This week I’m writing about the gold medal game between Mantis and Box at the Austrian ultimate championships. The game is here:
Livestream Österreichische Staatsmeisterschaften Ultimate Men/Women
and my first blog post about the game is here:
Learning from Lisa-Maria Hanghofer and Paula Haubenwallner
The play I want to focus on today is Mantis’s scoring possession to go up 6-3 and I would like to highlight the great movement and spacing from #11 Silke Delafortrie, #16 Julia Lischka, and #18 Trixi Peterstorfer. When I saw this play for the first time I just about jumped out of my chair and the more I watch it the more I think it is an outstanding example to learn from.
The first thing I’d like to highlight is the downfield movement of Silke Delafortrie who starts back in a handler position at the top of the screen. Watch her begin to move down the field immediately as the disc moves away from her. This quick reaction is what puts her in such great position after the huck.
I’ve written about some dangerous downfield attacking from the handler position previously. Players like Carolyn Finney and Jenny Fey come to mind (not to mention the amazing attacking strategy that the Colombian national team employs!). Delafortrie movement in this possession is a super example to learn from!
The next thing I want to talk about appears on the screen for only about 1 second – it is the line of three Mantis players moving down the field behind the huck. Those players are #11 Silke Delafortrie at the top of the screen, #16 Julia Lischka in the middle and #26 Lisa-Maria Hanghofer at the bottom of the screen.
The way these three players maintain their spacing across the field as the play develops is what makes Mantis’s scoring play look so easy. I don’t want to give away the punch line here – having watched the score already in the first video, as you watch this video think about how their spacing contributed to the score. Also thounk about what each of these players could have done that would have made it more difficult for Mantis to score:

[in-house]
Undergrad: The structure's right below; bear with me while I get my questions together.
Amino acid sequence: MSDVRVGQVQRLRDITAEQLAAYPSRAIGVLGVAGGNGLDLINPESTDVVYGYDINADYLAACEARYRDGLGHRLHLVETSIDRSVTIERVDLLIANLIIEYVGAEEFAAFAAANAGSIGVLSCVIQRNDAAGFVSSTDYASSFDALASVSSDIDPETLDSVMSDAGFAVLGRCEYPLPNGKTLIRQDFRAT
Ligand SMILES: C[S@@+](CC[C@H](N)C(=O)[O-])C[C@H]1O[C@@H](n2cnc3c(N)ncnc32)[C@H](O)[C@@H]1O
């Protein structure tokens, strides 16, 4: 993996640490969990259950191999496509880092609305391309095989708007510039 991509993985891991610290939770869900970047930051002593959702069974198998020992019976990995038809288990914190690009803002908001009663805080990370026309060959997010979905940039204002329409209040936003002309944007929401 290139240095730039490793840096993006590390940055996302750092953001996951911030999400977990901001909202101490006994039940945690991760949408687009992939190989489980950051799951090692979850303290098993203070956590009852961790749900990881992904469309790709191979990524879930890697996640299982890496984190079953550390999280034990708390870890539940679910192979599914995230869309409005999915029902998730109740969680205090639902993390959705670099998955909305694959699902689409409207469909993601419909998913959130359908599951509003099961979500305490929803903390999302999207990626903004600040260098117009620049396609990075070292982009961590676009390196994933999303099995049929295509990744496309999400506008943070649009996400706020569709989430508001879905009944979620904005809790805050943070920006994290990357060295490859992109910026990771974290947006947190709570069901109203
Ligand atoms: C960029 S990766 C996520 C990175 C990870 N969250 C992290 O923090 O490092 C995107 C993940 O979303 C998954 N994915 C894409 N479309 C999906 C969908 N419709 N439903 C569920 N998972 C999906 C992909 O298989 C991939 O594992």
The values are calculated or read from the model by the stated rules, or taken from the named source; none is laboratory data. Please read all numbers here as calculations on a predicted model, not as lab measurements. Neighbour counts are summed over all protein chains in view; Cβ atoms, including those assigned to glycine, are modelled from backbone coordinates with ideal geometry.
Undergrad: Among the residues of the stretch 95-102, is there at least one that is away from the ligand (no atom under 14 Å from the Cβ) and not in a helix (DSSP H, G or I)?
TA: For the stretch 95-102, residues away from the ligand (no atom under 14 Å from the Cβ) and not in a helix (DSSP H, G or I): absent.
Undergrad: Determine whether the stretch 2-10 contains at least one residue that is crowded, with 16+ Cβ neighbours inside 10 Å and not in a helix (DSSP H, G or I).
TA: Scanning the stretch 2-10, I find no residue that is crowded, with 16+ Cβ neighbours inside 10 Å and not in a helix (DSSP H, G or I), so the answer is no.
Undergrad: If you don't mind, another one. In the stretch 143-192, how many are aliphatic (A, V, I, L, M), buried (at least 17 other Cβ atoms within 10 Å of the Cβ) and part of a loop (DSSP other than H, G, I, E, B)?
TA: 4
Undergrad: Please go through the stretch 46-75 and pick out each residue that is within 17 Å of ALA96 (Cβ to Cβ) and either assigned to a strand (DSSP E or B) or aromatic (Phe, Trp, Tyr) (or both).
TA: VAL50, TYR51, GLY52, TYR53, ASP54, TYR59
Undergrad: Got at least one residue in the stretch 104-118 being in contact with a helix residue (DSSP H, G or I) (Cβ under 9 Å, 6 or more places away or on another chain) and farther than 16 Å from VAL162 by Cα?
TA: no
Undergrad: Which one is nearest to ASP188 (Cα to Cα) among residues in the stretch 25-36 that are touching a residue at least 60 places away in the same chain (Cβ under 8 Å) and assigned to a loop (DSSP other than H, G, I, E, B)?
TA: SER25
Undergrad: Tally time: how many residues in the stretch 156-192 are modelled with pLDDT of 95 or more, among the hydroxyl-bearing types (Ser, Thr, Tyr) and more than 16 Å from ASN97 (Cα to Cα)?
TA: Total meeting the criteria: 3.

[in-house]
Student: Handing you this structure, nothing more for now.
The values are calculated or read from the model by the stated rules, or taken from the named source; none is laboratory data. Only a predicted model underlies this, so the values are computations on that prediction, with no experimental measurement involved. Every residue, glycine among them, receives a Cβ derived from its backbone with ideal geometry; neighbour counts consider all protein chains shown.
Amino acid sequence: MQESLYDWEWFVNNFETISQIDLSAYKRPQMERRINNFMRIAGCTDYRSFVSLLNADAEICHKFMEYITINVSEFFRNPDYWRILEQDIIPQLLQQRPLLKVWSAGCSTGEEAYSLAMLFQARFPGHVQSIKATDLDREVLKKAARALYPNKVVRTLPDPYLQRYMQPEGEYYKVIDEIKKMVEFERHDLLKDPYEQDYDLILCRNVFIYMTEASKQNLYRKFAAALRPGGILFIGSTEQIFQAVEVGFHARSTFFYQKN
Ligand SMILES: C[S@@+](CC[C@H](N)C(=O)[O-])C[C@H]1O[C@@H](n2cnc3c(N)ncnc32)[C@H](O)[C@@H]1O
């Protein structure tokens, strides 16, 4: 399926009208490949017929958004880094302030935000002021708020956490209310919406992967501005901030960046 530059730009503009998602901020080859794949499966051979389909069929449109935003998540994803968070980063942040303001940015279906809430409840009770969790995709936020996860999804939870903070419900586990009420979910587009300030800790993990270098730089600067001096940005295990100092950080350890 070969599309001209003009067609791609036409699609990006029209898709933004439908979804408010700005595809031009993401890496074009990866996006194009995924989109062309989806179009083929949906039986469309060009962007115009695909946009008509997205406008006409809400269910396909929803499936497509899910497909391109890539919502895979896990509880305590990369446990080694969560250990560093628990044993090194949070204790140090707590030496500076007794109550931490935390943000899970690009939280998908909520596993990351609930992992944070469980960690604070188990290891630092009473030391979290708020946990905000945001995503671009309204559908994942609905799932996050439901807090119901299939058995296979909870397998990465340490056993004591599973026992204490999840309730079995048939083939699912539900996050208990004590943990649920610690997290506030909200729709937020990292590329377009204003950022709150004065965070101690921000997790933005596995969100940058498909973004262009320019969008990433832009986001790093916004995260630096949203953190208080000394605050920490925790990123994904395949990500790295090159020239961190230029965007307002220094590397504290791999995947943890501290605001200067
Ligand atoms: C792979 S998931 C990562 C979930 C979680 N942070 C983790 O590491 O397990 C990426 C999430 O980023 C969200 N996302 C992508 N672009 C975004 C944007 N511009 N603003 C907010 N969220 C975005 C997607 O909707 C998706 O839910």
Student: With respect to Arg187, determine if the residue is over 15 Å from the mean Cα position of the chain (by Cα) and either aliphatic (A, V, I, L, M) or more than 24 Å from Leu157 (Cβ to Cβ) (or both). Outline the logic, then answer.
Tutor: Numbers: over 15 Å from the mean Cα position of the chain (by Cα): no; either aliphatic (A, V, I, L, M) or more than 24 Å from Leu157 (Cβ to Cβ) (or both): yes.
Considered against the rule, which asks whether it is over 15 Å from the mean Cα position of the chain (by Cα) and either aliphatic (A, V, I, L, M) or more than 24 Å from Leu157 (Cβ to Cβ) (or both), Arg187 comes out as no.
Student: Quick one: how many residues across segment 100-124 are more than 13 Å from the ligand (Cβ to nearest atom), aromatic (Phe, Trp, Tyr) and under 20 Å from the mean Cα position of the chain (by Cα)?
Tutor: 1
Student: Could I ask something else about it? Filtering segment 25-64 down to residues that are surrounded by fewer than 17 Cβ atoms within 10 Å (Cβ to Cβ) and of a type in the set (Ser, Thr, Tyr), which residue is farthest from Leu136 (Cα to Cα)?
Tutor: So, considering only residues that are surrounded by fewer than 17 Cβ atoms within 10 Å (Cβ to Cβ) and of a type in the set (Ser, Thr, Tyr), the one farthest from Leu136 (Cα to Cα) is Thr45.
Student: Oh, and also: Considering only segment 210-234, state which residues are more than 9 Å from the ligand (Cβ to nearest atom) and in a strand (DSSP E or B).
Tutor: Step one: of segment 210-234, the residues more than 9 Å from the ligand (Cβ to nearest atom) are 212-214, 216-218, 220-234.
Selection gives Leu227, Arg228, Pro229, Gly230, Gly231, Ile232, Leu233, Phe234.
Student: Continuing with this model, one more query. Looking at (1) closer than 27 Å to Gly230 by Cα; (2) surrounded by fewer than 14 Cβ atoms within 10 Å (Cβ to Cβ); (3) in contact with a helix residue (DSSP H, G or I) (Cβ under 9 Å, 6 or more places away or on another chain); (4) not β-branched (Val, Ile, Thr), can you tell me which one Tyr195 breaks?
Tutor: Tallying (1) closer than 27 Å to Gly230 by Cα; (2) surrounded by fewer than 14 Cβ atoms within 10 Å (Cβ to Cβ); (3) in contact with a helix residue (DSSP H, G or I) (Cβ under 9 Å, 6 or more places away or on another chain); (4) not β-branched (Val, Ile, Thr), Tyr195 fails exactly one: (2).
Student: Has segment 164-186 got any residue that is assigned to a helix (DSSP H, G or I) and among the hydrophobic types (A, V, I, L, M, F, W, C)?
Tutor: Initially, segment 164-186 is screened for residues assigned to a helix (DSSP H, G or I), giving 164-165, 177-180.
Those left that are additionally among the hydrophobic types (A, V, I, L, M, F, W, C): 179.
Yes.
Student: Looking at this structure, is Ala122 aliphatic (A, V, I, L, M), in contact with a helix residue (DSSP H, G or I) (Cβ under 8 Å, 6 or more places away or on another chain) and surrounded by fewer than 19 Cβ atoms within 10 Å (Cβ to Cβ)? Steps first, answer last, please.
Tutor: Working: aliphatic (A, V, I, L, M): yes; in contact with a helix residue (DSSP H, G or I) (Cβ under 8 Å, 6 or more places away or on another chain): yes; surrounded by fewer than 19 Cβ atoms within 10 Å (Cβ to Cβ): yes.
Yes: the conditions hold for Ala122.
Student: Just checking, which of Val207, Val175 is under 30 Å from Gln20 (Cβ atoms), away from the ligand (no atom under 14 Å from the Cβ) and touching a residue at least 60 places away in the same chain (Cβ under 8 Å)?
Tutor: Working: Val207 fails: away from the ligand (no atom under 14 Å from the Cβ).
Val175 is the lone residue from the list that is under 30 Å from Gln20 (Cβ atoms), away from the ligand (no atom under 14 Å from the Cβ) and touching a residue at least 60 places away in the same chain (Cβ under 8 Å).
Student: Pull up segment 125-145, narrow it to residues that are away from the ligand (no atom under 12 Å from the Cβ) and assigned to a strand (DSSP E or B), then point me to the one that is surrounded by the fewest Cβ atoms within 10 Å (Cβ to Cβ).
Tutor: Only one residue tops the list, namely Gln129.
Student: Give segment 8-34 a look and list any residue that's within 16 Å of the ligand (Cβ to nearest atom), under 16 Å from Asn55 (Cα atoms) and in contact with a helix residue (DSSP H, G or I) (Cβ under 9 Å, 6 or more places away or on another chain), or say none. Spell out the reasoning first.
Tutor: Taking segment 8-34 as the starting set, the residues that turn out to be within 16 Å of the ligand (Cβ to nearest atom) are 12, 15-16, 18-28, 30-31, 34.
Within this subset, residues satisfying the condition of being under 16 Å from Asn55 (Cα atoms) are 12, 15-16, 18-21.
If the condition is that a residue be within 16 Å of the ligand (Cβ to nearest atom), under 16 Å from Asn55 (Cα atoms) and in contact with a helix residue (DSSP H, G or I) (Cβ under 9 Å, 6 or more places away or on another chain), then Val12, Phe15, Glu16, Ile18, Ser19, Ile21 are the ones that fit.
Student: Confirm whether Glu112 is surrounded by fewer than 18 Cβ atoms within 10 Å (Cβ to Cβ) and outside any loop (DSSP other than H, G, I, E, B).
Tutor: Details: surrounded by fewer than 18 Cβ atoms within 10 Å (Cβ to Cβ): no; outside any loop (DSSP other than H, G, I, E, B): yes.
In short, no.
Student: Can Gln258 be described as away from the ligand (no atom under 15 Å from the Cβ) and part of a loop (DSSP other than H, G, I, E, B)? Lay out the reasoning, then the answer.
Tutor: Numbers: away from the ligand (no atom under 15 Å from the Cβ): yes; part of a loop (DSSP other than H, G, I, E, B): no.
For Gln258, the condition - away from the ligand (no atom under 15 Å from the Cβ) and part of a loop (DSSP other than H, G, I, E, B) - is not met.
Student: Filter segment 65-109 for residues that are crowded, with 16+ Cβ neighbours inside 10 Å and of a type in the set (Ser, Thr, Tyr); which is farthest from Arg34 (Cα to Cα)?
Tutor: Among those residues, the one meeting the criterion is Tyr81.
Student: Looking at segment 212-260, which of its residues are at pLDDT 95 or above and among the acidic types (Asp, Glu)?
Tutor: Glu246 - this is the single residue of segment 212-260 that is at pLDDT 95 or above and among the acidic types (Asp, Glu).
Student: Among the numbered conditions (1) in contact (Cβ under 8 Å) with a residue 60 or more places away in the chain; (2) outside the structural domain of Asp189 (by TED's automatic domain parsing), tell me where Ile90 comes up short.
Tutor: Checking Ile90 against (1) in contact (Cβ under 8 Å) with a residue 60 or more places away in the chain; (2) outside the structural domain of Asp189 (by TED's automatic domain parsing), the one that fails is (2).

The way the cutting teamwork on this possession contributed to the score is one of the best downfield cutting lessons I’ve ever seen on film.
Now I have to give a shout out to Trixi Peterstorfer for some incredibly smart play after catching the huck.
The quick dish to Delafortrie is a really natural play and equally natural would be to head down the field to score. If you freeze the shot as Delafortrie catches the disc it looks like Peterstorfer has the whole endzone open. But she doesn’t. Her defender has dropped up to stop the deep cut. Peterstorfer stops her cut immediately and turns around to get an easy 10 yard gain.
Even better, she turns in the direction the disc is moving and fakes a backhand (yay lefties!!) which draws her defender away from the forehand side of the field.
This is a fantastic cutting and throwing lesson – there’s not one bit of wasted movement and not one thing that I can think of that Peterstorfer could have done better.
Finally comes the score. After the nice backhand fake, the throw out to space from Peterstorfer is perfect.
The cut to score from Julia Lischka is terrific and is the end result of the great spacing I talked about above. She had the middle of the field, maintained great spacing, and was in the best position to attack the open space in the endzone.
And I have to highlight the non-cut in the endzone from Hanghofer. She maintained her wide position on the field all the way through the play. That positioning (combined with Peterstorfer’s backhand fake) helped draw the deep defenders to the middle of the field and opened the far side of the field for Lischka. This kind of play doesn’t show up directly in the stat sheets (and barely shows up in the film!) but learning from great spacing examples like this is so important as you look to improve your own play. Sometimes (probably always, actually) the right non-cut is just as critical to the team as the right cut. Great work from Hanghofer!
I hope to write one more blog post about this game – thanks again to Michelle Phillips for writing about it originally!